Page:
1. Interesting, how about a few refs as well. Also why is it that any one total serum cholesterol level the mortality rates can be so different as seen between say Japan and some European countries?

    • Hi Chris Thanks

      A ref. for the PCKS9 data:

      Stein EA, Mellis S, Yancopoulos GD, et al. Effect of a monoclonal antibody to PCSK9 on LDL cholesterol. N Engl J Med 2012; 366:1108-1118

      Because Total Cholesterol is a complex of HDL and “non-HDL” is clearly will correlate less well to cardiovascular and total mortality and morbidity, hence the confusion you quote above.

      Regards Cardiologydoc

  2. This is such a great compilation. Very informative.

    B.S. nutrition science student with a nutrient metabolism final exam tomorrow

  3. Intriguing post. Please review the mechanisms of rosuvastatin’s observed adverse effects?

    –increased fasting insulin (isn’t excessive insulin atherogenic?)
    –increased diabetes and blood glucoses (isn’t diabetes highly associated with heart disease and cancers?)
    –increased ratio oxLDL:LDL (isnt oxLDL atherogenic?)


  4. “Just prior to the transplantation the coronaries of these “hearts” underwent IVUS and images reviewed at 2,014 sites within 1,477 segments in 574 coronary arteries. Lesions with an intima thickness >0.5 mm were defined as atherosclerotic.”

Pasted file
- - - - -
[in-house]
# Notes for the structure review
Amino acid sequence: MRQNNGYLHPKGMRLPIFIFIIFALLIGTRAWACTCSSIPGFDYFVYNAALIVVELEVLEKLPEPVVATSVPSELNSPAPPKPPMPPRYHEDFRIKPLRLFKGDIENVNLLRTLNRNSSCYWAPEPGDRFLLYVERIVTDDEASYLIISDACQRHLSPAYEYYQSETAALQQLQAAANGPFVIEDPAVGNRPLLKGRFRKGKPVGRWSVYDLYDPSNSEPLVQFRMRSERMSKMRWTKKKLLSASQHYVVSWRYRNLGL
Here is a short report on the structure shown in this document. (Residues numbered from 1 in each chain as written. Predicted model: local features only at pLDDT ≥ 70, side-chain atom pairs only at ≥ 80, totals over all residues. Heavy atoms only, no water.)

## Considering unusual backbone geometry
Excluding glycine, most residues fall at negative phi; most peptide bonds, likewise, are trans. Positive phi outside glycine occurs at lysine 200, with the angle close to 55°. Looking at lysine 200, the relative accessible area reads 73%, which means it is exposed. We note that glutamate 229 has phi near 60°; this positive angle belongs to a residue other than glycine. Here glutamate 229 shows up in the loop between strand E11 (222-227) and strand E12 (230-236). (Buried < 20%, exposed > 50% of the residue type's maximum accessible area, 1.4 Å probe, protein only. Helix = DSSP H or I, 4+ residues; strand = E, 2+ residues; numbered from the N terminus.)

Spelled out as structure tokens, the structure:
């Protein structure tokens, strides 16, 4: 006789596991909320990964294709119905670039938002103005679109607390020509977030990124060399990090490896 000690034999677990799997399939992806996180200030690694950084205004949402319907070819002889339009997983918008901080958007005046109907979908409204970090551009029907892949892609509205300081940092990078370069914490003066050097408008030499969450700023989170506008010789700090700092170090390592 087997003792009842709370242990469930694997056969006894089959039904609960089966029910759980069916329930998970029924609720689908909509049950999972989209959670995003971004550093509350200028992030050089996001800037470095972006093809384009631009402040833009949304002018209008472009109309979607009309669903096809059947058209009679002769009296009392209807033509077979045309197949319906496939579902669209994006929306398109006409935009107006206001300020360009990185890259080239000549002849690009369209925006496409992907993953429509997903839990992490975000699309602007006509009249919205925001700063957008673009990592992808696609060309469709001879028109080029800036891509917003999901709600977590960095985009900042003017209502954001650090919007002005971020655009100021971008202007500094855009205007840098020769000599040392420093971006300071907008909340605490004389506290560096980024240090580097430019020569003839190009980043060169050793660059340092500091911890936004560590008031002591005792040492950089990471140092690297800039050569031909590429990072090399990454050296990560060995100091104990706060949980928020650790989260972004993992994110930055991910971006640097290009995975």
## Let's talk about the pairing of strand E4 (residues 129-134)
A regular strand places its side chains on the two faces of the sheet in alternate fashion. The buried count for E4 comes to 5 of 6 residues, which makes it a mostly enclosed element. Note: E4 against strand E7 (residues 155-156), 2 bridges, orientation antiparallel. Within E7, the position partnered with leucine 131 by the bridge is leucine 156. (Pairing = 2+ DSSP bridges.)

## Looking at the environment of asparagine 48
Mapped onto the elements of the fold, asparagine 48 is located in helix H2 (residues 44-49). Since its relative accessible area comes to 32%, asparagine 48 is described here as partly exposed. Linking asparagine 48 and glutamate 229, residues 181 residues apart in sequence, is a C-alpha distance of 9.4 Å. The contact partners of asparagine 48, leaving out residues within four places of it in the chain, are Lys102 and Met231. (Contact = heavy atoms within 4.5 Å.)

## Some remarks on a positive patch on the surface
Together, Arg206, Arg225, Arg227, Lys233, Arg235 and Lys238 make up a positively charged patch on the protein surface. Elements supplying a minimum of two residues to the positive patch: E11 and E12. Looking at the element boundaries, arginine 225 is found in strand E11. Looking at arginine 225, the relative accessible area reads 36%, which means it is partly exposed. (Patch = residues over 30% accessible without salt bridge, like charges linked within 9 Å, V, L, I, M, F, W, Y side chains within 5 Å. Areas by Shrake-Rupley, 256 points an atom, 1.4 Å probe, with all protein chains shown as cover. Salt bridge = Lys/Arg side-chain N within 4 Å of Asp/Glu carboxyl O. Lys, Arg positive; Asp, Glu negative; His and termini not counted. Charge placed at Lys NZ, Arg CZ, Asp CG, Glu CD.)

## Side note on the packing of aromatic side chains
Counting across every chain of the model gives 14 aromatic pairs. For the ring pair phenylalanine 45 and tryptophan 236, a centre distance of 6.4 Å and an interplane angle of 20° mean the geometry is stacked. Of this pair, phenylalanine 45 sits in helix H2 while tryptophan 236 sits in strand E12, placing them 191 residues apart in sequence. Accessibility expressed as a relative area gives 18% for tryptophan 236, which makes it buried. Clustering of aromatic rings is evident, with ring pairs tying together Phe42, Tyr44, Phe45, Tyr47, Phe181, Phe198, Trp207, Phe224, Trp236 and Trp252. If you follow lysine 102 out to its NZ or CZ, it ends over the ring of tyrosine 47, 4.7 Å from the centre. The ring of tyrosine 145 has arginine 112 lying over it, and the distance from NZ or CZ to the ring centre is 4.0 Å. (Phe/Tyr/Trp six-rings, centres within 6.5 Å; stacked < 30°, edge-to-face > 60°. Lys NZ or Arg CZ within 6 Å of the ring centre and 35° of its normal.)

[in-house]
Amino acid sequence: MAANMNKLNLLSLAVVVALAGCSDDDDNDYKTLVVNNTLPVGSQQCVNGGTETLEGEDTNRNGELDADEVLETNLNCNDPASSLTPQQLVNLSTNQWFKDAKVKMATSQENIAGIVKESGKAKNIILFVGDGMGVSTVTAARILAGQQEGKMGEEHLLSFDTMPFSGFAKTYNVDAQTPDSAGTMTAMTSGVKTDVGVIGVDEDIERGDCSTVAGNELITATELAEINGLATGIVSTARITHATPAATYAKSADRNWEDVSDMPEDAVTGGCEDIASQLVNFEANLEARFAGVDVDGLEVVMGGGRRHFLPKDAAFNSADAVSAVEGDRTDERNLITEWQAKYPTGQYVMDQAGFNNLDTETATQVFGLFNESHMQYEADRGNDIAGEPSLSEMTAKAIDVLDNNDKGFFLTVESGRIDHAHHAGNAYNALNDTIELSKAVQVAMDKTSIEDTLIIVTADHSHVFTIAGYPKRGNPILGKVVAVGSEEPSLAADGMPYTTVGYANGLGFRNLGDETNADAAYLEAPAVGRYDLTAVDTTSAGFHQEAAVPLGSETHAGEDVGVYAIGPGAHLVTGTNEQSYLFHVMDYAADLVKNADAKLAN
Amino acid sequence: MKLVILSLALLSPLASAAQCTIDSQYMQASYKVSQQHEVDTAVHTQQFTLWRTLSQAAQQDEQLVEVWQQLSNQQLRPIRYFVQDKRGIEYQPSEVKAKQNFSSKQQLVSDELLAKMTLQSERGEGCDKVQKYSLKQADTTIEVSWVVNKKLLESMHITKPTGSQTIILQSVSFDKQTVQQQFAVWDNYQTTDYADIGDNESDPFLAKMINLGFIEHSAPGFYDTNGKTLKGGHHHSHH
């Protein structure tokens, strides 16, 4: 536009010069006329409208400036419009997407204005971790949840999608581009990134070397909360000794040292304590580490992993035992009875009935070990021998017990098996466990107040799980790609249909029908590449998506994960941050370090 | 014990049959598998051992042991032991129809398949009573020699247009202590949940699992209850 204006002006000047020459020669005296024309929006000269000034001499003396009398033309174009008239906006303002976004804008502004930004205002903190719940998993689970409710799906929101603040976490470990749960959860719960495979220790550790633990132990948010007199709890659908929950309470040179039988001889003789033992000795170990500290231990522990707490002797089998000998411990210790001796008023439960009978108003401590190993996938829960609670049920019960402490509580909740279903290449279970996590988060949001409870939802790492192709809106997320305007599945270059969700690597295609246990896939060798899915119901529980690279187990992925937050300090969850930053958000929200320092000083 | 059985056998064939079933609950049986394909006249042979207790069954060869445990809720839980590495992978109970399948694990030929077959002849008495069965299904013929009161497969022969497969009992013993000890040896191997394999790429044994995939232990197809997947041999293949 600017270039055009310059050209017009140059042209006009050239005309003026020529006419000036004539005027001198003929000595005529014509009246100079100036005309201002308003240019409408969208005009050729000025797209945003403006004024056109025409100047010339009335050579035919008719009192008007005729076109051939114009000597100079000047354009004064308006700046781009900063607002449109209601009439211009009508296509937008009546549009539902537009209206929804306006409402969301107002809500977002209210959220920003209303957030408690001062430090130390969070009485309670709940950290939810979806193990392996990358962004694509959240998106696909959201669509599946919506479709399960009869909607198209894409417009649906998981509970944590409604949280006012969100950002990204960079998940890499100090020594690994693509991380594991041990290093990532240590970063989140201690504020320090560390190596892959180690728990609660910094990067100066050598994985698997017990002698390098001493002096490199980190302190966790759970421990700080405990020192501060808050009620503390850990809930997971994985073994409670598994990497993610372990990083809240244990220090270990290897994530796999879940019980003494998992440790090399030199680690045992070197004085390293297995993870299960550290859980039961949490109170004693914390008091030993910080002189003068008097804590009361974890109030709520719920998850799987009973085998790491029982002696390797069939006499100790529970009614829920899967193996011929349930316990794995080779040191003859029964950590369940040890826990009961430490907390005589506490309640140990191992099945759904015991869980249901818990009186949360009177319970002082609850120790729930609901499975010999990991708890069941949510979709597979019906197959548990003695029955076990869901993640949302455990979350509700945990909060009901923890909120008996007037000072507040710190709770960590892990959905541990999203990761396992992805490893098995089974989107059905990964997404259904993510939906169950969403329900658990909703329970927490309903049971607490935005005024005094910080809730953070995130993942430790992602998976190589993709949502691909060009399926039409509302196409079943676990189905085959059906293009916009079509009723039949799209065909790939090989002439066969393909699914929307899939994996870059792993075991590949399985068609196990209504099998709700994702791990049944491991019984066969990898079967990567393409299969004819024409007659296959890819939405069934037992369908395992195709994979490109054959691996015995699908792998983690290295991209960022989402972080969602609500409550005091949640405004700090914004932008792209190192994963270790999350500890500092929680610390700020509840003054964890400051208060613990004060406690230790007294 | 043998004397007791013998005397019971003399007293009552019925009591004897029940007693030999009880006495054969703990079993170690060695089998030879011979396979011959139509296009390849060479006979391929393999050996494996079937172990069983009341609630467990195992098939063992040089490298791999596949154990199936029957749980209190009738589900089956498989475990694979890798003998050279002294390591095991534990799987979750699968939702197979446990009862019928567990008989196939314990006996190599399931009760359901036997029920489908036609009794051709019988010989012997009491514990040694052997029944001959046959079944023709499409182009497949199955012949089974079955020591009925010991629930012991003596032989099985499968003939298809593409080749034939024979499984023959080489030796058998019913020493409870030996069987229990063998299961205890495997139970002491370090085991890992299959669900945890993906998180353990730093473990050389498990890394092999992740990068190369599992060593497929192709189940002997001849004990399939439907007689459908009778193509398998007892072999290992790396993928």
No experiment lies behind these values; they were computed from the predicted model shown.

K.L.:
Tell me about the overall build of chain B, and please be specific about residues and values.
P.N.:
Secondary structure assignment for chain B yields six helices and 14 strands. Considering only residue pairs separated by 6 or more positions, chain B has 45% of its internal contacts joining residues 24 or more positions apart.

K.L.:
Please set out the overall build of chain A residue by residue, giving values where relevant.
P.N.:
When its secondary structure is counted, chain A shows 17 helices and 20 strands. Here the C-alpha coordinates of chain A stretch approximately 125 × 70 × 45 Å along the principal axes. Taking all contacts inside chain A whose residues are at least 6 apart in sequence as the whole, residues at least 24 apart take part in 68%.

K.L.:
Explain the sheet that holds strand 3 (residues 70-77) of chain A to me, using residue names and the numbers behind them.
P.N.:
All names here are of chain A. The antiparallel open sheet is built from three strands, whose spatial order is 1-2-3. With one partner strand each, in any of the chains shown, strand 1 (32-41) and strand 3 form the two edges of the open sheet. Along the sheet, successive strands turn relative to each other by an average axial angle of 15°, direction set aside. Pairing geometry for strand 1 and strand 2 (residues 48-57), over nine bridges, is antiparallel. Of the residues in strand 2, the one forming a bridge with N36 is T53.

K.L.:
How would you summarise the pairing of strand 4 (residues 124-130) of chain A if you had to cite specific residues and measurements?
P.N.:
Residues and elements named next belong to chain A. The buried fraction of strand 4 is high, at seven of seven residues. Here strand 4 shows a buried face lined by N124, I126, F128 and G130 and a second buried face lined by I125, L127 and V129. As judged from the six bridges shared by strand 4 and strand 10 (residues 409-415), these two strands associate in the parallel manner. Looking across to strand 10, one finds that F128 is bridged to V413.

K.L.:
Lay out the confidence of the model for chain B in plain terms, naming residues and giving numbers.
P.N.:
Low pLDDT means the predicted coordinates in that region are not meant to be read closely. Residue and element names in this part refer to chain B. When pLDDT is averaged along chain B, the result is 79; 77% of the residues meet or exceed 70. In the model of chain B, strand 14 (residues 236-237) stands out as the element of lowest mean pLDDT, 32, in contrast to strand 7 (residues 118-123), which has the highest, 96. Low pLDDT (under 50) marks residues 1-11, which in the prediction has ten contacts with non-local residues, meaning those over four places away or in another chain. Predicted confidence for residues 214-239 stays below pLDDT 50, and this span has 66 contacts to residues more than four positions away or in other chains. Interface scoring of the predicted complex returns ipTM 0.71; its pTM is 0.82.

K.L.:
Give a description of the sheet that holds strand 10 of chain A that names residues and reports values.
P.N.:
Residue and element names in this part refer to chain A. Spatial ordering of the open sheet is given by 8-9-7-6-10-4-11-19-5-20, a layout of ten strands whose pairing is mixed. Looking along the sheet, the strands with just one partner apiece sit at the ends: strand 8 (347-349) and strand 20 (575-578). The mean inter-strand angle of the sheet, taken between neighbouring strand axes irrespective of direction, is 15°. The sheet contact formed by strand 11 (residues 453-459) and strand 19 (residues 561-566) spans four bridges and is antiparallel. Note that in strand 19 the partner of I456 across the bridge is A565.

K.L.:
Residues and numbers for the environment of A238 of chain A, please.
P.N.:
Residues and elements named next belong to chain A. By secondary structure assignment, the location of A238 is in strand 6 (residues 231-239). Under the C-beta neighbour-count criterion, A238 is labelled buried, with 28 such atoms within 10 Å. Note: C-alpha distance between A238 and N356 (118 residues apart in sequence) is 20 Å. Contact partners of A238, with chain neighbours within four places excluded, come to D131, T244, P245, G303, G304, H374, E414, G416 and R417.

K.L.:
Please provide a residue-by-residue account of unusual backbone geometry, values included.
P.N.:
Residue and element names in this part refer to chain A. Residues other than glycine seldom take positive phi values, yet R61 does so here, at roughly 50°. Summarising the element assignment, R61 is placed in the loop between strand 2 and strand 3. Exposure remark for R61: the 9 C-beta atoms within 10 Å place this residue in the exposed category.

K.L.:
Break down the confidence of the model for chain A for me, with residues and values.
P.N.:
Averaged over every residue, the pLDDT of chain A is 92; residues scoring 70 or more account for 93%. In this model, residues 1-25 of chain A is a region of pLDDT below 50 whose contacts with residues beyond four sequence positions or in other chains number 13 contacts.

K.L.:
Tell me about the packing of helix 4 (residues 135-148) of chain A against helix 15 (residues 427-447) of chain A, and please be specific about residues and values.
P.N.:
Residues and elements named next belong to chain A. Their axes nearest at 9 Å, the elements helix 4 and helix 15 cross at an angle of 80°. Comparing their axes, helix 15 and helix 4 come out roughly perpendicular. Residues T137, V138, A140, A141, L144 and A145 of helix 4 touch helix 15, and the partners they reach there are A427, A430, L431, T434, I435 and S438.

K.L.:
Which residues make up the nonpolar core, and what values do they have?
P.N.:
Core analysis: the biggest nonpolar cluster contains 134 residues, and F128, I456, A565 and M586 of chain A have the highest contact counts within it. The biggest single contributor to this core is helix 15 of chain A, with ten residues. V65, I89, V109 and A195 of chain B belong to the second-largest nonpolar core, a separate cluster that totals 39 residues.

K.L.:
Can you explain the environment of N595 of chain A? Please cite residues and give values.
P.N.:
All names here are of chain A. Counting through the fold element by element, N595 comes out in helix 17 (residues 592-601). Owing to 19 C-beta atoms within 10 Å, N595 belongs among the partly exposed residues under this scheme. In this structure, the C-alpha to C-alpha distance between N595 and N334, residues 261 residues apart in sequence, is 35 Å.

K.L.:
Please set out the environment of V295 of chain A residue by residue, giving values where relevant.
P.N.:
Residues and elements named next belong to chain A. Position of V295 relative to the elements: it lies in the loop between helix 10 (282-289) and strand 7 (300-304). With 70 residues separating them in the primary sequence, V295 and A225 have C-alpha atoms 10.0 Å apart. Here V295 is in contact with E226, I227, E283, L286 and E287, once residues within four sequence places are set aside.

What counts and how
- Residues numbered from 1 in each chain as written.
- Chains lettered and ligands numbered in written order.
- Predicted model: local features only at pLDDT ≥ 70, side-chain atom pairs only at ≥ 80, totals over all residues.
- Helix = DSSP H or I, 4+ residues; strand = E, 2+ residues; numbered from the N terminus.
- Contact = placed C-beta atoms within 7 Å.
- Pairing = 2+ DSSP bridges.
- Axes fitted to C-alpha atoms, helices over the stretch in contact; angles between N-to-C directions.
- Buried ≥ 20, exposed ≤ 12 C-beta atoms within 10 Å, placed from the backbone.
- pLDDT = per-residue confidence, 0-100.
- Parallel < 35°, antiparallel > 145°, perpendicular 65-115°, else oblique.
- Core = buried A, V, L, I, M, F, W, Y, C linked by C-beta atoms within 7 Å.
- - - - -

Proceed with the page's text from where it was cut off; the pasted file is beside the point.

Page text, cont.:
Can you reference the study?

    • Hi Charles

      Sure: “High Prevalence of Coronary Atherosclerosis in Asymptomatic Teenagers and Young Adults” : Evidence From Intravascular Ultrasound. Circulation. 2001;103:2705-2710.

      Regards Cardiologydoc

      • I’m somewhat confused. I’ve read all of your blog posts and there seems to be conflicting advice as to what a person should eat.

        Based on everything you know can you provide some guidelines as to what an “optimal” diet would consist of?

        For example – if one excludes processed oils and refined carbohydrates are complex carbohydrates and fruit acceptable?

        You also said that one should limit red meat to 1-2x/week at a serving size of appx 8 ounces – how does one do this on a “paleo” type diet where no limits are placed on saturated fat?

        I would appreciate your reply.


  5. Pingback: U.S. Food And Drug Association Approves Repatha For High Cholesterol

    • Yes I’m extremely familiar with the PCSK9-inhibitor data which solidifies the role of atherogenic lipoproteins central to the pathophysiology of atherosclerotic vascular disease (ASCVD) and the prime target for therapy with PCSK9-I and statins.